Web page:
The AHA statement, published Jan. 12 in the journal Circulation, is the first to specifically address pregnancy in women with "complex" congenital heart disease.
Some of those conditions include:
  • Single ventricle, where the heart has only one of the two chambers that pump blood.
  • Transposition of the great arteries, where the two main arteries leading out of the heart are in the wrong positions.
  • Severe aortic stenosis, a narrowing in one of the valves on the left side of the heart.
  • Pulmonary hypertension.
Just as with pregnancy, these women need to have their delivery carefully planned, too, according to Canobbio.
All women with "high-risk" heart conditions should deliver at a larger medical center with heart specialists, surgeons, anesthesiologists and obstetricians who have the necessary expertise, the AHA said.
"That team-based approach is critical," said Dr. Yasser Yehia El-Sayed, vice chair of the American College of Obstetricians and Gynecologists' Committee on Obstetric Practice.
From the prepregnancy stage onward, there should be "open communication" between the patient and all of the doctors involved in her care, said El-Sayed, who wasn't involved in the AHA report.
What if a woman doesn't live near a major medical center? That takes some more coordination, he said.
She may travel to the medical center periodically, but have her routine prenatal visits with her obstetrician at home, El-Sayed said.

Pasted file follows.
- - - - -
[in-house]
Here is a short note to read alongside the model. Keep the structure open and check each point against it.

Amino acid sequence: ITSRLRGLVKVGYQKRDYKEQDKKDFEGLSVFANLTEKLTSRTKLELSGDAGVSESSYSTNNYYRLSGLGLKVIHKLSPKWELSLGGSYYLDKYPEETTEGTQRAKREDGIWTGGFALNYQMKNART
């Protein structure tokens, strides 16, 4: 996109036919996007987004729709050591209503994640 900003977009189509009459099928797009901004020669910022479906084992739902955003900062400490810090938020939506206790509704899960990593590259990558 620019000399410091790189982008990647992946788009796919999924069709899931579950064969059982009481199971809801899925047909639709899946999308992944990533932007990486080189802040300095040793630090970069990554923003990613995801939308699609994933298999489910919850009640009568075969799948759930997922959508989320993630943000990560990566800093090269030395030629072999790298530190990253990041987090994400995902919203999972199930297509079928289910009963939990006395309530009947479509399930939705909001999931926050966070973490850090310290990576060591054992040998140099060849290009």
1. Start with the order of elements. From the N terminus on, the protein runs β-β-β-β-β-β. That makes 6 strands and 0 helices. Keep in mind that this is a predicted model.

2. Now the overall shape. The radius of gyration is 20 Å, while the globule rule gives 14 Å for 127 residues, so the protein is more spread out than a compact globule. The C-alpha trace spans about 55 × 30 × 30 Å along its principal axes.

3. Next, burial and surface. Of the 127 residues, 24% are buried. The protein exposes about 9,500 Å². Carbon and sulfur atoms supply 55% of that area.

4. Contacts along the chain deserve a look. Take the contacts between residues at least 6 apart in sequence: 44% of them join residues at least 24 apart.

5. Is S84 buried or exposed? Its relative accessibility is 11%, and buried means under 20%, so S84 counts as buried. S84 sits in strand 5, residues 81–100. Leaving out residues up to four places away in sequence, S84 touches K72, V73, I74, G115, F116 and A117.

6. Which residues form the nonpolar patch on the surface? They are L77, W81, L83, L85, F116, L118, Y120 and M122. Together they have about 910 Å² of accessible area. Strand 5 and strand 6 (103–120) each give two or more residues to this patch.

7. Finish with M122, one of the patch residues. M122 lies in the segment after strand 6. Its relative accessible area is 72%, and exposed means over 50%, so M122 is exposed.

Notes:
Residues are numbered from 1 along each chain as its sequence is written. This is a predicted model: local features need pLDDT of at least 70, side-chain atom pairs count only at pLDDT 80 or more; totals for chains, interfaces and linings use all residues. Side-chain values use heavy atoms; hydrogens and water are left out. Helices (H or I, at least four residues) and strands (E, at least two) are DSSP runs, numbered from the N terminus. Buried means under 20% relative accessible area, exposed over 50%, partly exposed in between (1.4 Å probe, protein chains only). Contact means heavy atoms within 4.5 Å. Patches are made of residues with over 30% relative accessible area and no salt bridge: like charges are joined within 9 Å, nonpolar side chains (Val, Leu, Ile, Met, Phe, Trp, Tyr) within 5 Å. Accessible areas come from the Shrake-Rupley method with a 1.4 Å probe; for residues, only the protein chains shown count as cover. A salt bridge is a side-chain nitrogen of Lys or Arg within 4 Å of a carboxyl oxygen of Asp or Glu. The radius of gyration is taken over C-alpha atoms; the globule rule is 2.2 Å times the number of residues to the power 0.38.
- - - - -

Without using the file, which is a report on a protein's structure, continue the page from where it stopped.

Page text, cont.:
Delivery itself is planned. Usually, Aboulhosn said, that means an induced vaginal delivery a couple weeks before the due date.
In some cases, the baby may need surgery right away, Aboulhosn said. During pregnancy, it's routine for doctors to do fetal echocardiograms, to detect any heart defect that will need to be corrected soon after birth.
Women themselves need to be monitored, too. "Once a woman has given birth, she's not home free yet," Canobbio said.
Right after childbirth, she explained, there are major changes in blood flow to the heart, which can boost the risk of a heart arrhythmia or heart failure. "So we need to monitor them after delivery," Canobbio said.
The effects of pregnancy can last for as long as six months after delivery, the AHA said. So women will need routine checkups during that time.
For women with complex congenital heart conditions, Aboulhosn said, the message is: "Pregnancy is possible."
"But," he stressed, "we need to go through all the right steps to make sure that pregnancy is as healthy as it can be."
SOURCES: Jamil Aboulhosn, M.D., cardiologist, University of California Los Angeles Medical Center and vice chair, medical advisory board, Adult Congenital Heart Association, Philadelphia; Mary Canobbio, R.N., M.N., lecturer, University of California Los Angeles School of Nursing; Yasser Yehia El-Sayed, M.D., vice chair, Committee on Obstetric Practice, American College of Obstetricians and Gynecologists, Washington, D.C.; Jan. 12, 2017, Circulation, online
News stories are written and provided by HealthDay and do not reflect federal policy, the views of MedlinePlus, the National Library of Medicine, the National Institutes of Health, or the U.S. Department of Health and Human Services.
More Health News on: